So Blooloop invited me to contribute to its blog, Bemusement, and I said yes. Then I looked up the word “bemusement” and found it defined as “confusion resulting from failure to understand.”
I often look words up because I find that through osmosis (defined as a subtle or gradual absorption or mingling) I’ve developed my own definitions for many words and that my definitions are sometimes far from accurate. For instance, I thought “bemusement” was really just amusement with a “b” added for some phonic snob appeal and that it meant "a wry smile, " as in "He said it with a look of bemusement." And still, even with this new definition in front of me, I can’t shake the idea that bemusement is a positive and happy thing. We may be confused, but we’re not all upset about it. We rather enjoy it. It’s like being dazzled by a great magician and finding that our only possible conclusion is that magic must be real.
There is in fact (and I feel somewhat unfortunately) a second definition of bemusement. It is “to cause to be engrossed in thought.” (Sigh) This is probably the definition that the Blooloop editors had in mind when they named this blog. Or perhaps they had both definitions in mind. Perhaps they were giggling about the yin and yang subtext in this choice of title. And regardless of how you define “bemusement” I’m pretty well qualified to be here, and happy to belong.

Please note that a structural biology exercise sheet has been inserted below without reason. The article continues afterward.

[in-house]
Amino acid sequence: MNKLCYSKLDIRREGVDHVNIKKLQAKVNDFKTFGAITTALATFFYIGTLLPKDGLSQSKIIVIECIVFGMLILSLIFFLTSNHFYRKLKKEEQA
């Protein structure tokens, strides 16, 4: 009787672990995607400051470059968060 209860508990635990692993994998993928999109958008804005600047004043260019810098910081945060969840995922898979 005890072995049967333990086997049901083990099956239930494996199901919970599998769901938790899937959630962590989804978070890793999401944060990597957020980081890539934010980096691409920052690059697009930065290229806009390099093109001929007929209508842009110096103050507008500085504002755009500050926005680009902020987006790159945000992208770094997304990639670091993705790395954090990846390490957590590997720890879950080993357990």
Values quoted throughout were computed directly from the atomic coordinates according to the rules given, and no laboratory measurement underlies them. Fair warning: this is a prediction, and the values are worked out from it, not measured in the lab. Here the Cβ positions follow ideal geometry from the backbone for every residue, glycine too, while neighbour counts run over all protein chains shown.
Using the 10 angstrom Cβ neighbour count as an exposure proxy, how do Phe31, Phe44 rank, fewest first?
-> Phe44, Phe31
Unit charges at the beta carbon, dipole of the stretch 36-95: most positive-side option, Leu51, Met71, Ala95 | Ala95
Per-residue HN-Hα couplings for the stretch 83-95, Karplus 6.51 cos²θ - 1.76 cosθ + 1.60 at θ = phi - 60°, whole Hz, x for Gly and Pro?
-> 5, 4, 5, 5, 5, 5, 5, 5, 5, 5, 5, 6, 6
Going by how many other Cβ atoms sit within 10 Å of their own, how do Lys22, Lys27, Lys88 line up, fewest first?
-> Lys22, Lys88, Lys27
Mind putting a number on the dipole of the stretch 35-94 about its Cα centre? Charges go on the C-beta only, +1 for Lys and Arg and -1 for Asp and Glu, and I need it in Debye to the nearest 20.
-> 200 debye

So to get us acquainted, I thought I might share something on a piece of paper that has been hanging over my desk – bemusing me, in both senses of the word – for the last 20 years. Back when I was the young designer with the crazy ideas, somebody (I’m trying to remember who) came back from a meeting and handed me this piece of paper. They said it was something they thought I should have a look at. I have no idea who wrote it. Here is what it says:
“Details, Dimensions, and Specifications Are Not The Real Thing.
You design, detail and specify on your desk, where everything is controlled, close at hand, under a bright light, and at a small scale. Never forget that your lines and words are not subject to wind, rain, rust, or the laws of gravity. Nor are they seen in their actual context. Neither do they have full scale exposure to the complexity of the individual hopes, fears and wishes of those for whom the work is being designed. An "approved’ drawing does not mean that the person who approved it will love the result. The words and drawings on your desk, give no evidence as to whether their dimensions and shapes actually fit their purpose. The words and drawings are not the actual materials, but merely symbolic representations. No inspector can "red tag" your lines and words, nor can they fall down, freeze, crack, leak, or discolor. No one can trip or fall over your drawing. Last but not least, no lawyers are likely to have much interest in your words or drawings as long as they remain on your desk.